• m April 24, 2015 (8:29 am)

    @Jim and Steve. Fyi. Banks make a lot more money in a higher interest rate environment. I don’t disagree that lower rates contributes to higher real estate prices. However, higher rates will create much less supply of available appartments driving up rents.

  • Sue April 24, 2015 (8:32 am)

    I don’t think anybody is asking for a rent control that assures that rents never rise. I mean sure, I’d love that, but that’s not realistic. However, I do not understand why there are no realistic caps on how high rent can raise, and how often. I think that’s what people are asking for – or at least I am. I don’t expect to have a $400 month apartment. But when I get an average of a 2% raise every year, and rent goes up 10% (or more), and every utility and other expense also goes up each year, it’s not hard to see how this is creating a crisis. Buy a house/condo, you say? Well, with the expenses continuing to go up faster than salaries are raised, who has the $ to save for the down payment? While those like me in our 50s are also trying to save for retirement at some point?
    Somebody mentioned just moving to Burien, SeaTac, etc. I’ve looked into that. Right now I’m in the Junction and you can get by without a car and to/from work in 20-30 minutes by bus. Most of the places I’ve looked into south of WS would require me to have a car, and even if I would live on a bus line for work, it costs more from those zones, and the trip is 2-3 times the length.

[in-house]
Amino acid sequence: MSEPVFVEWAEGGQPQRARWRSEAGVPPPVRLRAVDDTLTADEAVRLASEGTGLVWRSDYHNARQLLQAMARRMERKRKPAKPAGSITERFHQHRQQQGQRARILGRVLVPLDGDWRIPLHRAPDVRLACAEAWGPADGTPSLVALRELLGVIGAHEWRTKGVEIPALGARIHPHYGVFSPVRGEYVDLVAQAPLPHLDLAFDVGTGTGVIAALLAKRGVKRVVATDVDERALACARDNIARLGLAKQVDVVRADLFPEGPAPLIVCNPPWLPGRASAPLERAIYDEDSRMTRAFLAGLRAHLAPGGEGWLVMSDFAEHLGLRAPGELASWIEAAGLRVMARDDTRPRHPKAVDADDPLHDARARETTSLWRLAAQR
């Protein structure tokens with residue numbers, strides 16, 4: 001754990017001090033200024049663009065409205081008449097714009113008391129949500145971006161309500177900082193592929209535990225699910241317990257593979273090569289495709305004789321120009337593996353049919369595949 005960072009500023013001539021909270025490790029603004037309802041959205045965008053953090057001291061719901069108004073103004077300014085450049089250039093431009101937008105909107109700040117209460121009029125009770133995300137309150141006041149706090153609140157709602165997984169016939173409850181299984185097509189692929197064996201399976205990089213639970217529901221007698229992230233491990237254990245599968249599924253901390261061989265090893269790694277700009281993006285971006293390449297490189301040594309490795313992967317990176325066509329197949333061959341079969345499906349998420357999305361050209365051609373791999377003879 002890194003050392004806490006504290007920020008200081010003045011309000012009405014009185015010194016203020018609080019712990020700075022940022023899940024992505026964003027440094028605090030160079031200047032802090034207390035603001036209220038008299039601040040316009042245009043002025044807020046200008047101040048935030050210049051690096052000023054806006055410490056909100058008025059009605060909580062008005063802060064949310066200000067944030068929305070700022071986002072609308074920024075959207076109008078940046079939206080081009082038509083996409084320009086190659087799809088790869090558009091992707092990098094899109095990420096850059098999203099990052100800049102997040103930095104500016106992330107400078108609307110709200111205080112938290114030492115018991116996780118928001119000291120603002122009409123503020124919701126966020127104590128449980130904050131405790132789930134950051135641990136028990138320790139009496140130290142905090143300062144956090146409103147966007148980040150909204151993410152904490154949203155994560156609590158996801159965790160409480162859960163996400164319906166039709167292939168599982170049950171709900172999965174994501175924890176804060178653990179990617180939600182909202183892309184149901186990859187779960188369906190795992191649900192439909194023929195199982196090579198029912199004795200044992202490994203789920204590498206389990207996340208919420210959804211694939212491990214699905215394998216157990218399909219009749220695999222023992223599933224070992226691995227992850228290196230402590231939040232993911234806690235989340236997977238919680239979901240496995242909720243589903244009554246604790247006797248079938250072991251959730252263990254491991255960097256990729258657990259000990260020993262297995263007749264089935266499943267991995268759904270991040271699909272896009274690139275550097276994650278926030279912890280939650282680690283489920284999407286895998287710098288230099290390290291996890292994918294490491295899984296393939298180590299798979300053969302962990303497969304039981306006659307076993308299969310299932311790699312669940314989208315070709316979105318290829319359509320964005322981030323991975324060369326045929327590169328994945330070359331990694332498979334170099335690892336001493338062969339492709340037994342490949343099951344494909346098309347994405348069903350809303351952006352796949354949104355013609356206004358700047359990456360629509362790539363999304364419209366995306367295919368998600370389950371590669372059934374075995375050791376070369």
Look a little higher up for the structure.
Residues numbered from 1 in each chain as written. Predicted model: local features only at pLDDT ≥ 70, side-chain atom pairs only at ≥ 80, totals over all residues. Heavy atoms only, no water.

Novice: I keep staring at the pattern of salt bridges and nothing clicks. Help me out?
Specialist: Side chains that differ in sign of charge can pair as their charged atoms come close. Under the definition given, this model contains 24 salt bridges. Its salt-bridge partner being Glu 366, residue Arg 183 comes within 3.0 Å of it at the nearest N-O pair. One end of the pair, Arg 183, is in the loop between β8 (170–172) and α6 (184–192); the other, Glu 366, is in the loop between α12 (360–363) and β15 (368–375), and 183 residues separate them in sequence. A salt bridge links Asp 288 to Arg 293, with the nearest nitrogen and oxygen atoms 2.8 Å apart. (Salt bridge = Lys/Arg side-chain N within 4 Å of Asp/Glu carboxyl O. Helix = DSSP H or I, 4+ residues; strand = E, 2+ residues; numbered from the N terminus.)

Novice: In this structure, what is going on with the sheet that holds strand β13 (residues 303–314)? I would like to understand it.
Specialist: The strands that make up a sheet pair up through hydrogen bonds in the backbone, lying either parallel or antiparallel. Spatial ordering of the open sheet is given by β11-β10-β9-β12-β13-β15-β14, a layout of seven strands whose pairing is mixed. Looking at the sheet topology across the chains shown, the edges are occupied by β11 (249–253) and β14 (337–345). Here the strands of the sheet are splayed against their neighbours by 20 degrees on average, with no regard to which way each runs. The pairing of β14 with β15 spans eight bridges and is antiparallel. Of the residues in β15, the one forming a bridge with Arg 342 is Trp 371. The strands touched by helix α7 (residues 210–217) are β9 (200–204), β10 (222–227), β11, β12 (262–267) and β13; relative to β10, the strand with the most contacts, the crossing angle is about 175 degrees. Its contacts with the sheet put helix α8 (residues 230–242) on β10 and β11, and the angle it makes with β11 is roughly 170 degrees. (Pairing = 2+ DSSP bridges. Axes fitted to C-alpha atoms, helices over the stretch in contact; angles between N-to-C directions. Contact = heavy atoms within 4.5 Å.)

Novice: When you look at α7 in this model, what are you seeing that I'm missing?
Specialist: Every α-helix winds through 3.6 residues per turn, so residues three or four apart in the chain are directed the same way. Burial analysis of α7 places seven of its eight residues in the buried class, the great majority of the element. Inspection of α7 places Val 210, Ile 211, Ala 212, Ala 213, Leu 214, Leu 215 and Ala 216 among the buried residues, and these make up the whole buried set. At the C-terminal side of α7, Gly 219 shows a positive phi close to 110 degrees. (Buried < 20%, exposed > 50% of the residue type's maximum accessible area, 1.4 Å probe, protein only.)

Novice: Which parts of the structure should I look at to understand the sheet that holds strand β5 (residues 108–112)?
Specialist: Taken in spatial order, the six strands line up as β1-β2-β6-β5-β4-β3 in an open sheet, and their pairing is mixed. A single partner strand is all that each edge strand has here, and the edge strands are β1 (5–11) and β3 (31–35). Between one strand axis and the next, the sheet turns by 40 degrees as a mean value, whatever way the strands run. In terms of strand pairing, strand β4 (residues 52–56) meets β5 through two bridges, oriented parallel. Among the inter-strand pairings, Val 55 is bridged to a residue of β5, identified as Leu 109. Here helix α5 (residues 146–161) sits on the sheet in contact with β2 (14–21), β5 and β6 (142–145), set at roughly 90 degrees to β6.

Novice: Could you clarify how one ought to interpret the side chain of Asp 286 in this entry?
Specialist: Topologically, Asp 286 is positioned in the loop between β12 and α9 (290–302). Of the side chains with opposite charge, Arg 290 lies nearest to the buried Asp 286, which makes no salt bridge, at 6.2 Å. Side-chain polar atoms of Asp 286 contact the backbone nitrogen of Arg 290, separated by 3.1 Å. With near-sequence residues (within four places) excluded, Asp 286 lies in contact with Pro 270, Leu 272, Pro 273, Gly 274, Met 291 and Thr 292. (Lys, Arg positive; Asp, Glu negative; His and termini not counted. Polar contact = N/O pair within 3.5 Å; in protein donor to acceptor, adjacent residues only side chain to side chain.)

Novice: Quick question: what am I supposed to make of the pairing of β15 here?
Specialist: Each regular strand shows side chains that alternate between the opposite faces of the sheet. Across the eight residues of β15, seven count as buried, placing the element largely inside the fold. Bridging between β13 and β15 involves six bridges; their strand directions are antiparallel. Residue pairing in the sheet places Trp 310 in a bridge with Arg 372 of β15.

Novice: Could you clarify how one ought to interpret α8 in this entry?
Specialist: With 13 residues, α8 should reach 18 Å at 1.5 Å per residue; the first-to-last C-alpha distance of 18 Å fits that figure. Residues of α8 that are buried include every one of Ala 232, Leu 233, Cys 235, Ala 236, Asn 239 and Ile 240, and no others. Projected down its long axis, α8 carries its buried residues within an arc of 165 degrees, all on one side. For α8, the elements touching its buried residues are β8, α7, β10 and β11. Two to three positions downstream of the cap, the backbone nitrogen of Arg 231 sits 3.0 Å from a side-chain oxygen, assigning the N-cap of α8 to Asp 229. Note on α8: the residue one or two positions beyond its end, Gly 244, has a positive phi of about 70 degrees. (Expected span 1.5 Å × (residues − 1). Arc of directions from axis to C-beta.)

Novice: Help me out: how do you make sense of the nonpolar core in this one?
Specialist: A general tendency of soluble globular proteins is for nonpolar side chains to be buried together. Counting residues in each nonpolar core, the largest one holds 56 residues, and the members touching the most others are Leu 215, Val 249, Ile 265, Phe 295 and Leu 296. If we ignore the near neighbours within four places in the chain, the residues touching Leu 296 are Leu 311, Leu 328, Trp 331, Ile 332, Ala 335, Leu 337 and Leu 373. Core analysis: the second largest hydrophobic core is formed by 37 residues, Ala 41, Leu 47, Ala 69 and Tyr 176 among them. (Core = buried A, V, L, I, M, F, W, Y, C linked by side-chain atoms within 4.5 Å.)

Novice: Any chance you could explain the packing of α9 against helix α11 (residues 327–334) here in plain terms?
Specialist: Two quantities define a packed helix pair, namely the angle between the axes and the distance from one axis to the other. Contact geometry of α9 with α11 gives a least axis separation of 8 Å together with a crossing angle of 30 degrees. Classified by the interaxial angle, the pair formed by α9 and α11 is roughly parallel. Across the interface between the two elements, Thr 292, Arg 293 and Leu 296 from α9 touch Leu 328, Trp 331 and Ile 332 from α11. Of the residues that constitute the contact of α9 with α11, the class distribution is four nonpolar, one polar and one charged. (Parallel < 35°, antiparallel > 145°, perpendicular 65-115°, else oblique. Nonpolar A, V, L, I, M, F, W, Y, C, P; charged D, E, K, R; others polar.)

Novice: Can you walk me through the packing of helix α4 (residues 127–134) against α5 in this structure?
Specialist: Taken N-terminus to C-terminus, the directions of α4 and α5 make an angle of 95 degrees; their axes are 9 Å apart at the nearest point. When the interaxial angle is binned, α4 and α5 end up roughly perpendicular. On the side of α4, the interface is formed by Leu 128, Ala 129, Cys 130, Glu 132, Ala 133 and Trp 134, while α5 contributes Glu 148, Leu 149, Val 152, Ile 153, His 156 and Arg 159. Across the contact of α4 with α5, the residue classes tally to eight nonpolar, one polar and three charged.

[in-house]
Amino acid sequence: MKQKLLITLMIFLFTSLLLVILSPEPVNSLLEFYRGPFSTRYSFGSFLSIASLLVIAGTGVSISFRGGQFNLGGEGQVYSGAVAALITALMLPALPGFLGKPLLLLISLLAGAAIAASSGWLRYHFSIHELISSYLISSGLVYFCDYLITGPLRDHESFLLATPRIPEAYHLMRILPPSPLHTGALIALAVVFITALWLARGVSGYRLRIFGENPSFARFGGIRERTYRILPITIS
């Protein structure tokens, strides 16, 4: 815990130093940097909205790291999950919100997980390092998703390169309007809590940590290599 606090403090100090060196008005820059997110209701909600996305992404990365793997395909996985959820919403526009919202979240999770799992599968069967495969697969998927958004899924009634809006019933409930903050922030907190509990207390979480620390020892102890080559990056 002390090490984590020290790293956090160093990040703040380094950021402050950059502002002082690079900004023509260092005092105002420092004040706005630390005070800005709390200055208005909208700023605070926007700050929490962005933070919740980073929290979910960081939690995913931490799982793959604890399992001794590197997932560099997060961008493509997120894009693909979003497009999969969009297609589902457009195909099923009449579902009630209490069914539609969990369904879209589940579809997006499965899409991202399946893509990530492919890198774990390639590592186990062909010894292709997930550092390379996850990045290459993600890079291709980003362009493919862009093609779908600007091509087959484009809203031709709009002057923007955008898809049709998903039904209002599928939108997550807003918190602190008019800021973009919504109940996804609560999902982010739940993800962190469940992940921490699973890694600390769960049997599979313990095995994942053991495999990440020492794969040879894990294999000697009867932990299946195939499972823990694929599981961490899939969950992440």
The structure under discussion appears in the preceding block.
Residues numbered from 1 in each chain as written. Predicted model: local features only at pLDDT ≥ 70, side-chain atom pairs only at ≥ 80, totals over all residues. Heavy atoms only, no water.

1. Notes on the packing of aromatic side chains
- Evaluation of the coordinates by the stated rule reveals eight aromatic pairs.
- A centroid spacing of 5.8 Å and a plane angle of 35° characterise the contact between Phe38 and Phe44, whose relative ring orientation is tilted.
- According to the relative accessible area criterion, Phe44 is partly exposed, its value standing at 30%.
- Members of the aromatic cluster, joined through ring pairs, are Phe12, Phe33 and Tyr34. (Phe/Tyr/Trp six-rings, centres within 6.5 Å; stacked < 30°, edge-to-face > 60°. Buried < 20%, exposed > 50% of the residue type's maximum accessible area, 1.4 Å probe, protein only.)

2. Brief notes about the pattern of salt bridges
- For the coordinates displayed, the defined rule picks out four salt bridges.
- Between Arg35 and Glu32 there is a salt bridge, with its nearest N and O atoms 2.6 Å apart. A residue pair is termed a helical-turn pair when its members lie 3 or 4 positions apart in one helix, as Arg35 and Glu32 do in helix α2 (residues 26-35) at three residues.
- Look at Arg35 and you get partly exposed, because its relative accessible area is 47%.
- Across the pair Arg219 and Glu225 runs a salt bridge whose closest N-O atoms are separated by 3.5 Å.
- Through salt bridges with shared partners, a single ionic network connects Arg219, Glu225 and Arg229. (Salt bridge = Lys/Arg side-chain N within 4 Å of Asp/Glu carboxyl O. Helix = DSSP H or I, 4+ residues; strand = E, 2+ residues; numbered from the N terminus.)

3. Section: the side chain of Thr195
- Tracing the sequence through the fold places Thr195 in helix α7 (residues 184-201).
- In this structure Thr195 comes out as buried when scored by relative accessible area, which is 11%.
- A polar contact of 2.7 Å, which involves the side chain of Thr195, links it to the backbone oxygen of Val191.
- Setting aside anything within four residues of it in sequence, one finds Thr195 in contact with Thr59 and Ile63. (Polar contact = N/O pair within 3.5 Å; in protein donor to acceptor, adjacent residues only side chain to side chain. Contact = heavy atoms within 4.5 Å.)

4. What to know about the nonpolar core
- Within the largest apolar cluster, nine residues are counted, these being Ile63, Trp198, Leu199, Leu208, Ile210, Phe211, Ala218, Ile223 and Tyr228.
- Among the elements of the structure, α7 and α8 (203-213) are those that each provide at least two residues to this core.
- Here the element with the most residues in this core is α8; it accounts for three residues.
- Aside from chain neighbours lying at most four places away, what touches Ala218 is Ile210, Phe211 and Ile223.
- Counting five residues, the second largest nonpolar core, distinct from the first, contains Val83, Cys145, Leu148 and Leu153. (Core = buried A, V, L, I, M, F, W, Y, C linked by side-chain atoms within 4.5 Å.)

I don’t wish to go back to the New York City area (where I moved from 10 years ago), but I’m certainly considering my options of where I might be better off than the Seattle area.

  • A April 24, 2015 (8:38 am)

    The thing that continues to strike me about the ongoing affordability debate is that it is the rate of increase, not the absolute level, of rents that is causing angst.

    Some of these mom and pop type landlords seem to think they are doing their tenants a favor by charging them below market rent for years on end. In reality all they are doing is a) losing money themselves and b) setting the tenant up for a rude awakening someday when the rent resets to market. It would be better for everyone to have rents increase at a steady and predictable rate. Tenants would “see the writing on the wall” and have more time to adjust to changing realities.

  • Jeff April 24, 2015 (9:06 am)

    This is happening in every major city in the country, but I think some cities have better options then others. If you have a Section 8 voucher you should get on line and go to GOSECTION 8 and look at the listings. If there is nothing in your area, you may have to consider moving to another city. I know here in Fort Lauderdale there are tons of section 8 apartments 2 bed 2 bath completely renovated for 1100 a month. Section 8 would pay most of that as this amount is under the HUD payment threshold for Broward County. I saw one whole complex that just was completely remodeled with granite countertops, new everything on a bus line, they have 8 units available that are empty. So you have to expand your searches if you can’t find something where you are at. Its not fair but migrations of the poor have happened over and over again in this country and you have to go where you can afford to live. The southern states are far less expensive than Seattle or any of the west coast cities.